Vegetable Container Gardening Tips

If you don't have room for a garden, or only want to grow a few vegetables, containers are the best way to go.

Grow Bags Good Choice for Growing Vegetables

Grow Bags Good Choice for Growing Vegetables

Grow bags, raised planters, and plastic buckets can be used for growing vegetables. Drainage holes, rich compost, water, and a sunny spot are all that is needed.

©2012, Dorling Kindersley Limited

2012, Dorling Kindersley Limited

Materials Needed

  • containers of various sizes
  • sterilized potting soil
  • shovel
  • trowel
  • drip or hose irrigation
  • fertilizer

Step 1: It's All in the Pot

When selecting a container, remember that bigger is better as far as ease of maintenance and size of harvest. Half whiskey or wine barrels or similar-sized pseudo terra-cotta containers are large enough to accommodate vegetables such as large tomatoes, eggplant, and squash, with room to spare for companion plantings of smaller choices such as carrots and lettuce. Five-gallon containers can hold dwarf tomatoes, peppers, beans, and many small leafy greens. A window box is even large enough to grow radishes and arugula.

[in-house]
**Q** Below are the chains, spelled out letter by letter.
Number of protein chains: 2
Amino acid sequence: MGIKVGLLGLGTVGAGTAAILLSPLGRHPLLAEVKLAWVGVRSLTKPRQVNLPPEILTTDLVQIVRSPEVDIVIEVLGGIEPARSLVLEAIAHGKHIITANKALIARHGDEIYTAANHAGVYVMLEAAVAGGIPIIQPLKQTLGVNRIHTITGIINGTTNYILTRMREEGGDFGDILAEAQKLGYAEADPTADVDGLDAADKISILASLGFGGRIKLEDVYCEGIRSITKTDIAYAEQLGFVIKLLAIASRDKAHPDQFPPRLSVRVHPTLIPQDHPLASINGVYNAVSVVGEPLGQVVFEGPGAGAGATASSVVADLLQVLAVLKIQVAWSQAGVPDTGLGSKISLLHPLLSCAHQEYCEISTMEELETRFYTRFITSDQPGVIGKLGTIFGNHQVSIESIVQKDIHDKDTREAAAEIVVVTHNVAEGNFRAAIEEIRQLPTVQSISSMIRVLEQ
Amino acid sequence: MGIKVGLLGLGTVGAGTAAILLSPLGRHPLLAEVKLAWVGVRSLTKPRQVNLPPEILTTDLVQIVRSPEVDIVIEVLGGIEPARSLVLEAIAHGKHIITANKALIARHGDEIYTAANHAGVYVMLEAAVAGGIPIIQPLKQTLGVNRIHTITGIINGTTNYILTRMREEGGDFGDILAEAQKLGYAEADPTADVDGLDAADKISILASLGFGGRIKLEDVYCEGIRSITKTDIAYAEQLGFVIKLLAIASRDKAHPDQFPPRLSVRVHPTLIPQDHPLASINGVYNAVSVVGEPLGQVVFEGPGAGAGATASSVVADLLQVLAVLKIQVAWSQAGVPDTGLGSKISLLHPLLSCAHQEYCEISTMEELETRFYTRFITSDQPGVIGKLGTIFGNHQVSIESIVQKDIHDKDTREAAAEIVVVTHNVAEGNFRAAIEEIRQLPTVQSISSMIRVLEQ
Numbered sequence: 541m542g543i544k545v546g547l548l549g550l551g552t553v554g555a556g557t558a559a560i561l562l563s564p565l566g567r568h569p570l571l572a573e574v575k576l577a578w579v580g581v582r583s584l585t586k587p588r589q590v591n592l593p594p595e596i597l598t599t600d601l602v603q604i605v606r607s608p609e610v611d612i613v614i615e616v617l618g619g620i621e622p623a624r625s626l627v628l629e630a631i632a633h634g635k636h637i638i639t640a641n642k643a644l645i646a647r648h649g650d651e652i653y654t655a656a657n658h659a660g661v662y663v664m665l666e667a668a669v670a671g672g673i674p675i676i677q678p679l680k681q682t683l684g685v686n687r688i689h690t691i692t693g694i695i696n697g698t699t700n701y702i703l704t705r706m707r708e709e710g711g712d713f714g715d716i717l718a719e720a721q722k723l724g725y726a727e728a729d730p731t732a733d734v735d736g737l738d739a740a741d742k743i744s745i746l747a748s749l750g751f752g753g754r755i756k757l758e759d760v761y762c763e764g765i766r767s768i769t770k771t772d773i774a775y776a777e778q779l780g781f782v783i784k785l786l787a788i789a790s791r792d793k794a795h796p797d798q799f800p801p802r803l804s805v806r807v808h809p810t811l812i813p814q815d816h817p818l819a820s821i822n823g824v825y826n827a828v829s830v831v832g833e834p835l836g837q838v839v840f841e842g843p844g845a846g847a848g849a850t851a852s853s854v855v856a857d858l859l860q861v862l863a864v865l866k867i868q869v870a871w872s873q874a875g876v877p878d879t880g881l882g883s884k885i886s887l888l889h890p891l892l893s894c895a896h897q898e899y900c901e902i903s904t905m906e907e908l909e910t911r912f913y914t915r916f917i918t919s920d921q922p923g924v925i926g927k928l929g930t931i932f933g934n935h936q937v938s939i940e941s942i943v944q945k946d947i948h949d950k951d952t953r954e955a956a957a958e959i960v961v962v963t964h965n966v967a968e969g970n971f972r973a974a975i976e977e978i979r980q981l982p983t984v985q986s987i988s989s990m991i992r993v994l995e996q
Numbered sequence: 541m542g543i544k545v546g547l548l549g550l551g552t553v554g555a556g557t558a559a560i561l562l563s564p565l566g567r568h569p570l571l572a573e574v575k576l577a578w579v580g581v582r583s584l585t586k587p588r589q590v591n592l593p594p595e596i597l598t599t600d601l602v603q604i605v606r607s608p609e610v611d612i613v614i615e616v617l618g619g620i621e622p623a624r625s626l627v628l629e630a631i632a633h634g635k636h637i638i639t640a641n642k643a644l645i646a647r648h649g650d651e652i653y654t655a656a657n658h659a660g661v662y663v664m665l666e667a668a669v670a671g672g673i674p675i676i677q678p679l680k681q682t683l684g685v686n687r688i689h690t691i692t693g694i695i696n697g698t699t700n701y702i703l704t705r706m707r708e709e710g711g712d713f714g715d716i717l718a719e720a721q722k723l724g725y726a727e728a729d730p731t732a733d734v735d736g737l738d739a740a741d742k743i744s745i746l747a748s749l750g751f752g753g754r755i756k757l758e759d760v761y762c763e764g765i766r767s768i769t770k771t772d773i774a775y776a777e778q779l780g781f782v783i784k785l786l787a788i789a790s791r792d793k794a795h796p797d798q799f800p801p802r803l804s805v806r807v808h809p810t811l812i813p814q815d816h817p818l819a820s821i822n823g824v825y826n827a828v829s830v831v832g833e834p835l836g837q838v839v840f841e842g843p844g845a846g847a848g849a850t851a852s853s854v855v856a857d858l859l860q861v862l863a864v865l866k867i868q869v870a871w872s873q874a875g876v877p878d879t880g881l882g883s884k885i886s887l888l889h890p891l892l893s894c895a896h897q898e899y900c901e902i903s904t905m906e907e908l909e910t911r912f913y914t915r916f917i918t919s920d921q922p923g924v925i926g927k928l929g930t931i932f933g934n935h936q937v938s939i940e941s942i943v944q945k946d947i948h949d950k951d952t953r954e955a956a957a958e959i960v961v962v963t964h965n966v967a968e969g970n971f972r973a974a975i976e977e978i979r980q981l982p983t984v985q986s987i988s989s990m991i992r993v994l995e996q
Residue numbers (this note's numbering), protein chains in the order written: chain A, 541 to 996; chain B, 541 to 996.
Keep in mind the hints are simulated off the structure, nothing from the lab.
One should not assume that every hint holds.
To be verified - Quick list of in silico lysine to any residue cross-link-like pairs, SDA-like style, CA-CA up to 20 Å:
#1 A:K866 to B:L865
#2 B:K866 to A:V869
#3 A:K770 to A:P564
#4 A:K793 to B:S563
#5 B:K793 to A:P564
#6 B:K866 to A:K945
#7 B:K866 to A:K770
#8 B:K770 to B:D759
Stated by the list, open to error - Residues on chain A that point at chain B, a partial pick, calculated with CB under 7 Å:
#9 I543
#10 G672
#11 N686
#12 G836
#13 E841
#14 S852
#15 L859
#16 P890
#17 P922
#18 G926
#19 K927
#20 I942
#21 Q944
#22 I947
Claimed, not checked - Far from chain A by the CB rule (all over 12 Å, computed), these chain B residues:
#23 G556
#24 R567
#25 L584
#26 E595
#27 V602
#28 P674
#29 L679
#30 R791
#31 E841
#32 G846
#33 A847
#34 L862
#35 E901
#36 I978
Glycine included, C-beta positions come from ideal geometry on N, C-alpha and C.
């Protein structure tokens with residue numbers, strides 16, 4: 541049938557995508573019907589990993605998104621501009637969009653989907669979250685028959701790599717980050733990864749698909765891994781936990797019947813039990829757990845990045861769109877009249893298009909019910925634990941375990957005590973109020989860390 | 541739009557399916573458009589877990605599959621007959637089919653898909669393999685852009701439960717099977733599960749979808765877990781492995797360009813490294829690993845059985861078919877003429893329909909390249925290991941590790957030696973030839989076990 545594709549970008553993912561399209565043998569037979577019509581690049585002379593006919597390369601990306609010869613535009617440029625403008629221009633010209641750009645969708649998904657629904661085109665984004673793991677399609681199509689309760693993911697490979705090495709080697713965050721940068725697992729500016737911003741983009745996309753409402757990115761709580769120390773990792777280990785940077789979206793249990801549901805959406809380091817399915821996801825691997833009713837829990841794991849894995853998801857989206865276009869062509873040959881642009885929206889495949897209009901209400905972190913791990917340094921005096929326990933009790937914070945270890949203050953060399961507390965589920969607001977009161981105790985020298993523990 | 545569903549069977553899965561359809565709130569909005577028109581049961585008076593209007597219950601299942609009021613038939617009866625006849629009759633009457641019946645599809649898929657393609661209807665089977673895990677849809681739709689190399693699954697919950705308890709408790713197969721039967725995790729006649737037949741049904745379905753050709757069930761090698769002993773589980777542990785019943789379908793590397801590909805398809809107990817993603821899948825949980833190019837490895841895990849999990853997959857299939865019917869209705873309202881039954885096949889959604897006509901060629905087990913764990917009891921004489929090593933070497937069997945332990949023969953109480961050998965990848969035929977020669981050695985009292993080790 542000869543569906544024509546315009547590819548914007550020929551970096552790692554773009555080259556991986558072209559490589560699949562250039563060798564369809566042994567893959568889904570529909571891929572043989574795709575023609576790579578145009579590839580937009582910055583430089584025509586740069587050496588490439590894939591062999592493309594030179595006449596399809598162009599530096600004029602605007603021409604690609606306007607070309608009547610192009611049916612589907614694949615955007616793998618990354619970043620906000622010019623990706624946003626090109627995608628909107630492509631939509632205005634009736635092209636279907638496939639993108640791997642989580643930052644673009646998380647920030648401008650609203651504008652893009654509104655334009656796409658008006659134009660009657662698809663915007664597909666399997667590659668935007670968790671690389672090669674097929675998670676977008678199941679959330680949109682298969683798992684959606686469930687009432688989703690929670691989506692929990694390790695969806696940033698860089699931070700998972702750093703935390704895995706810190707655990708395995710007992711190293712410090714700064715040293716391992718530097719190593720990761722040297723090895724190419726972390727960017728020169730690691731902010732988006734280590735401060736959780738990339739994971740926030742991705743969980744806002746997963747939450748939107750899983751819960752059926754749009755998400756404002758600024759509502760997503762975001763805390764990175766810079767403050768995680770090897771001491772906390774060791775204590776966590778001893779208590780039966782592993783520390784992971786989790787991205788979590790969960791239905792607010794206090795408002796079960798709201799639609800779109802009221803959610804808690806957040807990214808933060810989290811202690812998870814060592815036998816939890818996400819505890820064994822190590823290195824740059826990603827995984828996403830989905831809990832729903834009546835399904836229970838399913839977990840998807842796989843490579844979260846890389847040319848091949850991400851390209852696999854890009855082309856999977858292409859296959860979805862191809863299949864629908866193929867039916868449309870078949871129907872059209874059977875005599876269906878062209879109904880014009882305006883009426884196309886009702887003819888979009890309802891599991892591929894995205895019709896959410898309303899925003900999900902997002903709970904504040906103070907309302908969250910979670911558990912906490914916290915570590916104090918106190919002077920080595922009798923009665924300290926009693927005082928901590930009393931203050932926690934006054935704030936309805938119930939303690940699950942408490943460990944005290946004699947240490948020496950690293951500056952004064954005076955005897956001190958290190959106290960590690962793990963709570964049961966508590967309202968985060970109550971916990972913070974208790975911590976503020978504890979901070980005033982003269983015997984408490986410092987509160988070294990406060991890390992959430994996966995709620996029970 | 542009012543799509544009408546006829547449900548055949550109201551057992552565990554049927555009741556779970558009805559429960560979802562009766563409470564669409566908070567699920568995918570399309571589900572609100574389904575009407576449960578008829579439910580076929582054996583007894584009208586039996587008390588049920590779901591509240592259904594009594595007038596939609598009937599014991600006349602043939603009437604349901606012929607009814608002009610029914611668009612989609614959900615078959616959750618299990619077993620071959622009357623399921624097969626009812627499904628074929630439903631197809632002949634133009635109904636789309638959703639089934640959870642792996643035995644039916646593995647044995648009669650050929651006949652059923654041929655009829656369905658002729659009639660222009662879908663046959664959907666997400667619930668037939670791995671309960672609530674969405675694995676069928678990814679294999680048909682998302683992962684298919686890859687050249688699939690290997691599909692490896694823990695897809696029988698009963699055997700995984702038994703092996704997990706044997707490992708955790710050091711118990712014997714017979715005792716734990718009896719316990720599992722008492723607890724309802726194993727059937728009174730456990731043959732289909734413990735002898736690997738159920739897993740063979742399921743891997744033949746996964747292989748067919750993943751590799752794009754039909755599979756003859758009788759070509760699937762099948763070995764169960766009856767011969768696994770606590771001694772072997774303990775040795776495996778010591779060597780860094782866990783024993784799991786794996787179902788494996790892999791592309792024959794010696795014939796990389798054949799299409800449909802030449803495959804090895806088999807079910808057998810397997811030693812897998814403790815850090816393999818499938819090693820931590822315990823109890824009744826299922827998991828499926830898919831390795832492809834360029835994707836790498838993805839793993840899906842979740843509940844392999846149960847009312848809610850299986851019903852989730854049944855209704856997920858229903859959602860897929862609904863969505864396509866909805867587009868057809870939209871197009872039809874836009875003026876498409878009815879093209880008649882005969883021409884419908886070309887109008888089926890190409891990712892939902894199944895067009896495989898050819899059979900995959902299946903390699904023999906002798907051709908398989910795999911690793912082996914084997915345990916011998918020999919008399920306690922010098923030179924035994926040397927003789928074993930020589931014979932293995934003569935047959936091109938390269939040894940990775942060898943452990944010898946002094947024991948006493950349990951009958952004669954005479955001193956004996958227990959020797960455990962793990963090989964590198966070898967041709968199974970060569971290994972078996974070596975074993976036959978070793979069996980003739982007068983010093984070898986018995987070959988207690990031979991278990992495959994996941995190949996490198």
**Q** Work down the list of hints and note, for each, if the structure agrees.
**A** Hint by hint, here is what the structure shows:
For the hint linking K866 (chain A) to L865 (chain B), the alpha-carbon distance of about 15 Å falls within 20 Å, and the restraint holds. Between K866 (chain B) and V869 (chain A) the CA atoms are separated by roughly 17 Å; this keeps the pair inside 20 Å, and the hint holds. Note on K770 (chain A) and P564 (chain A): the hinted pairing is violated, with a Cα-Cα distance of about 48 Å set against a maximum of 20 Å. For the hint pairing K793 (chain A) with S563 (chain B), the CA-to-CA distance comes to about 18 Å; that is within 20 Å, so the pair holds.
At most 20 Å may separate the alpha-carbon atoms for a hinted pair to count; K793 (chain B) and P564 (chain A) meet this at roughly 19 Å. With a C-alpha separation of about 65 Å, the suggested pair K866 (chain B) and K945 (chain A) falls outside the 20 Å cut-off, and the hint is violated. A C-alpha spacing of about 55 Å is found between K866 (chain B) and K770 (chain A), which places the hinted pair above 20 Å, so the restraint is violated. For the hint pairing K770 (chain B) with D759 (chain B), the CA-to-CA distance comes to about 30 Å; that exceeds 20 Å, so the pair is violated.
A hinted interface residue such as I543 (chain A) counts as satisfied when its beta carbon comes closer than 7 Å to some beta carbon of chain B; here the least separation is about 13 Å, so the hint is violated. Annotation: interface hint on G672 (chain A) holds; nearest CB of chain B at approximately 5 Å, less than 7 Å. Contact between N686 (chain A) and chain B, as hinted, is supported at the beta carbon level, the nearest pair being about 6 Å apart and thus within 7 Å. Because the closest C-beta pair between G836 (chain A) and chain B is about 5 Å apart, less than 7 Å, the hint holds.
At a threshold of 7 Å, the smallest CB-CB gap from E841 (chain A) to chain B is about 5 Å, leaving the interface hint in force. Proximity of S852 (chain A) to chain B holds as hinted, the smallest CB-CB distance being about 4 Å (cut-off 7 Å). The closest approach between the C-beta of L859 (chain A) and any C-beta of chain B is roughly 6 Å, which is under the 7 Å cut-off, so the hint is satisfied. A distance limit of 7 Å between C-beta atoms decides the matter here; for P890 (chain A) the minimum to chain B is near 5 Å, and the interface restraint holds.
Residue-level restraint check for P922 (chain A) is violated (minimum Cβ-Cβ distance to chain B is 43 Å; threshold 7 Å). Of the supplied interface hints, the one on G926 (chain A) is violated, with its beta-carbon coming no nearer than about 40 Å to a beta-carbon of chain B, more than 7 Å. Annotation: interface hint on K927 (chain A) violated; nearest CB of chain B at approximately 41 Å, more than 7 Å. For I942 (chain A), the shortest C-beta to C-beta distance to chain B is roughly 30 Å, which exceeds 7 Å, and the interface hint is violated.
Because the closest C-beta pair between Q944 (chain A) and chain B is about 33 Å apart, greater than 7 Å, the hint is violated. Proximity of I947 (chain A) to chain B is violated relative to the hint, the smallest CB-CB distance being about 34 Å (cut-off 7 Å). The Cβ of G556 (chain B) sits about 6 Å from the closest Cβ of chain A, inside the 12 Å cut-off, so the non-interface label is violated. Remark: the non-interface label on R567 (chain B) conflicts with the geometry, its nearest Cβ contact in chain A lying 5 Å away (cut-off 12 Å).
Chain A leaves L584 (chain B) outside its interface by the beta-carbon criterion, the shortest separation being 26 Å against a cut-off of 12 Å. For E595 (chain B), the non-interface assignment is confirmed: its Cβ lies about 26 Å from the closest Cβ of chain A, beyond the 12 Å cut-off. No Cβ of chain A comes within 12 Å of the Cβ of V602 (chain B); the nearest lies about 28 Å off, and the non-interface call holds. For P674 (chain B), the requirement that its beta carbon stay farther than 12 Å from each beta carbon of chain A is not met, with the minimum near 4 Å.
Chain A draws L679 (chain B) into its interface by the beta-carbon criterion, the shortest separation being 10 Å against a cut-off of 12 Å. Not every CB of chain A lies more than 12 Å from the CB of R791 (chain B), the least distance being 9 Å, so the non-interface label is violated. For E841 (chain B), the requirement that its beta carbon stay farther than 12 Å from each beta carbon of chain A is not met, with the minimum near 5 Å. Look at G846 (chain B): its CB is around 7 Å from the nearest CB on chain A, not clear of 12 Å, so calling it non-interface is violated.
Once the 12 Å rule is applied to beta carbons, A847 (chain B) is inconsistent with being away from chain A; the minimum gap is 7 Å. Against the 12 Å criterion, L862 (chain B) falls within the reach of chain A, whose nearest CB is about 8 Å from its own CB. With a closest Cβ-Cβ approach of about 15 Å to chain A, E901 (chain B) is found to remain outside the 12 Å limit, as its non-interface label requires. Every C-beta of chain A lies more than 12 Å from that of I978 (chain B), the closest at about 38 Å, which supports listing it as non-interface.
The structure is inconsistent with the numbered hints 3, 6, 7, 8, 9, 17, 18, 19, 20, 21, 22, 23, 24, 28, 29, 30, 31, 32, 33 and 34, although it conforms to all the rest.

Step 2: And the Soil

For proper drainage, containers need to have holes in the bottom. Also, use only sterilized potting soil. Garden soil may contain diseases and may not be well drained. Because you're planting in such a small space, you'll have to be very conscious of watering and fertilizing regularly. Water with drip irrigation or by hand whenever the soil is dry 4 to 6 inches deep.

Step 3: Fertilize Regularly

Fertilize every two weeks with a water-soluble fertilizer for vegetables, or add controlled-release fertilizer at planting time, supplemented with a water-soluble fertilizer when needed. For large containers, mulching with straw or bark conservs moisture.

Step 4: Best Plant Combinations

Containers allow you to plant combinations that are both edible and attractive. For example, try creating a salad container with different colors of leaf lettuce, a bush cucumber, a dwarf patio-type tomato, and even herbs such as parsley. How about a tomato sauce barrel with a tomato plant in the center, herbs such as oregano and basil on the sides, and onions interplanted between the herbs? Or a root crop roundup container with beets, carrots, radishes, onions, and parsnips in a foot-deep container? To save space, consider growing some plants up. Choose pole beans over bush beans, and trellis them along the back of a container. This leaves space in front to plant other vegetables.

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